Investigation alleges doping corruption in weightlifting
GENEVA (AP) — A culture of alleged corruption among international weightlifting officials was detailed Thursday in an investigative report of covered-up doping cases for athletes who won Olympic and world championship medals.
Three of the sport’s longtime leaders — former International Weightlifting Federation president Tamás Aján, vice president Nicolae Vlad and executive board member Hasan Akkus — were charged with a range of complicity and tampering offenses under the World Anti-Doping Code.
Alleged misconduct for a decade up to 2019, including 146 unresolved doping cases, was laid out in a 50-page document. The investigation was run by the International Testing Agency, which manages anti-doping programs for Olympic sports.
Reasons for the failures to prosecute some doping cases ranged from “chaotic organizational processes” and errors to “outright negligence, complicity, or — at worst — blatant and intentional cover-ups,” ITA investigators wrote. A total of 29 cases cannot be prosecuted due to destroyed evidence or expiring statute of limitations.
Aján and Vlad were implicated in allowing a woman from Vlad’s home country, Romania, whom they knew was implicated in doping offenses, to compete and win a silver medal at the 2012 London Olympics. The lifter, Roxana Cocoș, was stripped of her medal years later when retests revealed her steroid use.
The ITA has proposed lifetime bans for Aján and Vlad, while Akkus has been offered a four-year ban. If they don’t accept the bans, the ITA will prosecute the charges at the Court of Arbitration for Sport’s anti-doping tribunal.
Vlad was a gold medalist at the 1984 Los Angeles Olympics and longtime ally of Aján at the IWF.
Aján was ousted after 20 years as IWF president in the fallout of the allegations first aired by German broadcaster ARD in January 2020.
The ITA report gave “significant credit” to the German program for its “robust investigative journalism.”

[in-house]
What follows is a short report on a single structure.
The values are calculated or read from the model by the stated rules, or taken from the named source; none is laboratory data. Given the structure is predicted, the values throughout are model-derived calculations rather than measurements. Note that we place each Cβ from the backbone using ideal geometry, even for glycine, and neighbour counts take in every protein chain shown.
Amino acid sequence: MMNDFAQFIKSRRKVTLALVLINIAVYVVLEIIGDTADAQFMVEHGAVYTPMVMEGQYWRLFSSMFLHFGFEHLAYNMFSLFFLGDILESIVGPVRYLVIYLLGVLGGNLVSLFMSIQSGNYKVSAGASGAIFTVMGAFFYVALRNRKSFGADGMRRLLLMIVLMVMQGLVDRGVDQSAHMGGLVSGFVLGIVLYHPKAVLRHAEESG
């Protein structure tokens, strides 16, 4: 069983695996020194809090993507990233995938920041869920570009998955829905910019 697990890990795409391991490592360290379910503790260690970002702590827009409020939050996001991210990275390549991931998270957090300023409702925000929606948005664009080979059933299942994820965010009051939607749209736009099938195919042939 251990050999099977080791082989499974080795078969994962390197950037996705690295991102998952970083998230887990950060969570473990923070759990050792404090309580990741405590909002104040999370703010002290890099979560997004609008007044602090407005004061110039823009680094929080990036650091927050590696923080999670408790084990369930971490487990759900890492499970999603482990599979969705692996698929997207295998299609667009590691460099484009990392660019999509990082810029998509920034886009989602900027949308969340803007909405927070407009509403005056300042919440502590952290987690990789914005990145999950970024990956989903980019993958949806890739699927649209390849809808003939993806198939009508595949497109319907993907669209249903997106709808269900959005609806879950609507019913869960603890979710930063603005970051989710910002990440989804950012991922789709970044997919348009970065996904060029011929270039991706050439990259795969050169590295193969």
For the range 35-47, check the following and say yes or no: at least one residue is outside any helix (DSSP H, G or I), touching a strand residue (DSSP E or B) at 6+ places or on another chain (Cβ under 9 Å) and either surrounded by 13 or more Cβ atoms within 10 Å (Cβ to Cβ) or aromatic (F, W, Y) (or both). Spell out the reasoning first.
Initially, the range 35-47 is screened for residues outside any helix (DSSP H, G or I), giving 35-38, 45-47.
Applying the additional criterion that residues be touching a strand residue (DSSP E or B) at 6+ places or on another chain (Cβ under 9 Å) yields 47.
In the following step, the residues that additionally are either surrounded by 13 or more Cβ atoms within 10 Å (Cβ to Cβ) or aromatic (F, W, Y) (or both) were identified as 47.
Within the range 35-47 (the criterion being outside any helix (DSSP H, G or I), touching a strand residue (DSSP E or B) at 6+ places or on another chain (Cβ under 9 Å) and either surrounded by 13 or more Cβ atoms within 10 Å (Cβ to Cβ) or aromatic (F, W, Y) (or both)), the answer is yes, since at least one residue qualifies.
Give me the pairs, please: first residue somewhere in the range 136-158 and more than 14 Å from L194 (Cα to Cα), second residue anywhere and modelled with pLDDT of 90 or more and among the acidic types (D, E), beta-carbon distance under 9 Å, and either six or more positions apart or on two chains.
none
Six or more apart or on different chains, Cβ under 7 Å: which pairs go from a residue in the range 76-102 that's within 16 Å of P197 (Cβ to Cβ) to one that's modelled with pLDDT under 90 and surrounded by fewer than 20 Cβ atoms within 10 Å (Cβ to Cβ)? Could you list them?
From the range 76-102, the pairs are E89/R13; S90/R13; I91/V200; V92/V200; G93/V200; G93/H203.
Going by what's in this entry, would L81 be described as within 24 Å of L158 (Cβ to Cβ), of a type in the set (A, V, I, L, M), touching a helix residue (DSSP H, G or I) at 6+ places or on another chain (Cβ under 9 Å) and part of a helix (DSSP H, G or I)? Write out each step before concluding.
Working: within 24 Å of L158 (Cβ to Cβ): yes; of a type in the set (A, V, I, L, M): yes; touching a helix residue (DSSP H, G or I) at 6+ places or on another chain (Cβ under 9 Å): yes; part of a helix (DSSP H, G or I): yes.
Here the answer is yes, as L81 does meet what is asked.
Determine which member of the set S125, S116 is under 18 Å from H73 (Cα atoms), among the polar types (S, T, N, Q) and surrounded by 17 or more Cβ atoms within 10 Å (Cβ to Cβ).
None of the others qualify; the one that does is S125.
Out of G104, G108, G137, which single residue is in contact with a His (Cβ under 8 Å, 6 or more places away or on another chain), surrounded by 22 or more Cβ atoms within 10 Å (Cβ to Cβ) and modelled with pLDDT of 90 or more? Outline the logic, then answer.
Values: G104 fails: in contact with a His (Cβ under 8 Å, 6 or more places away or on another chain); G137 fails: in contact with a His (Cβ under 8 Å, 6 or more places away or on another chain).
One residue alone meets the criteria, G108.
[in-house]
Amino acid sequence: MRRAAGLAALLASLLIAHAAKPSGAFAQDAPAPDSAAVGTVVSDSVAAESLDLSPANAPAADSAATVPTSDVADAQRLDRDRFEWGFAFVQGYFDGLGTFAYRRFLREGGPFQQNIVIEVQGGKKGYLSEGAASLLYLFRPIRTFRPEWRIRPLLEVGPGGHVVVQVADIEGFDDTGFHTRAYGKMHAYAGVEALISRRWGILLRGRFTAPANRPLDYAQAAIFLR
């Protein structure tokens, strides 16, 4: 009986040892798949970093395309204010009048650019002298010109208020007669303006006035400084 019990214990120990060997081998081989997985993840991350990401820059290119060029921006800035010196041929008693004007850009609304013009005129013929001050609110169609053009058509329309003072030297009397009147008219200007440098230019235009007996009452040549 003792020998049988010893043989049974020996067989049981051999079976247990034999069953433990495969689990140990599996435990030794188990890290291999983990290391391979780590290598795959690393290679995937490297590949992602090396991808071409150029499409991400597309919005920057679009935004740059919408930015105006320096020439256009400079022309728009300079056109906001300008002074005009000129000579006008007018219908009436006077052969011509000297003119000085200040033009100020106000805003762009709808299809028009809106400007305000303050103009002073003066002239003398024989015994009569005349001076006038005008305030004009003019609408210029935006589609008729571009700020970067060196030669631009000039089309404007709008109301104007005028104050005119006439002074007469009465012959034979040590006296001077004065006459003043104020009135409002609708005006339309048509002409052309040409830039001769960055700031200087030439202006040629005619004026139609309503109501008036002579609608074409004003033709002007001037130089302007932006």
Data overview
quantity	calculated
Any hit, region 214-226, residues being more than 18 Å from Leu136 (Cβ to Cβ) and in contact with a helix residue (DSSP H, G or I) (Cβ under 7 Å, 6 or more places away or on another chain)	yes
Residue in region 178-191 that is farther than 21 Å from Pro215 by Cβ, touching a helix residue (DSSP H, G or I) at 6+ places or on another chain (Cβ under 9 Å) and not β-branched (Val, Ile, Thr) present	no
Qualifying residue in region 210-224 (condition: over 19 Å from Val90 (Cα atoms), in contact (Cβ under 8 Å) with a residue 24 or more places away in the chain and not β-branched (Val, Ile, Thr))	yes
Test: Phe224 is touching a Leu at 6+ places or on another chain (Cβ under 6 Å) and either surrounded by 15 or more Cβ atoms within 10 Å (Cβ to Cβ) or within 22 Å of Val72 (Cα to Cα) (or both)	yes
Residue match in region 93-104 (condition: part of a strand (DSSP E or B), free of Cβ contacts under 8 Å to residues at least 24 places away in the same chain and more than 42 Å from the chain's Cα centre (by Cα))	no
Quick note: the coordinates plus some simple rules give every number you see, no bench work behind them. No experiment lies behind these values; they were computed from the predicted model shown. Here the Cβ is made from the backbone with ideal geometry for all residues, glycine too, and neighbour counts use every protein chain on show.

The documentary “The Lord of the Lifters” alleged financial and anti-doping misconduct and led to an initial IWF-appointed investigation last year by Richard McLaren, the Canadian law professor who uncovered much of the Russian state doping scandal.
Now 82, Aján also resigned his honorary membership of the International Olympic Committee last year. He had been a full member for 10 years until 2010 and took part in choosing Olympic host cities, including Beijing, Sochi and Rio de Janeiro.
Vlad continues to be an IWF vice president and an influential figure as the governing body prepares to elect Aján’s successor. Akkus heads weightlifting’s European governing body.
Weightlifting’s place at the 2024 Paris Olympics is at risk with the IOC warning it wants to see reforms and the sport cleaned up.
IWF interim president Michael Irani said in a statement that the investigation showed “just how dark the dark days of our sport were.”
“To all those athletes who were cheated of the opportunity to compete fairly, I would like to offer the IWF’s unreserved apology,” said Irani, who previously served on Aján’s executive board.
The ITA investigation also detailed how weightlifting officials evaded World Anti-Doping Agency scrutiny over several years.
Under Aján, the IWF decided it “could simply ignore WADA’s repeated requests to be provided with doping sanction information in a timely and accurate manner.”
WADA said Thursday it had in the past “limited powers to act against international federations that engaged in the sort of behavior that is alleged.”
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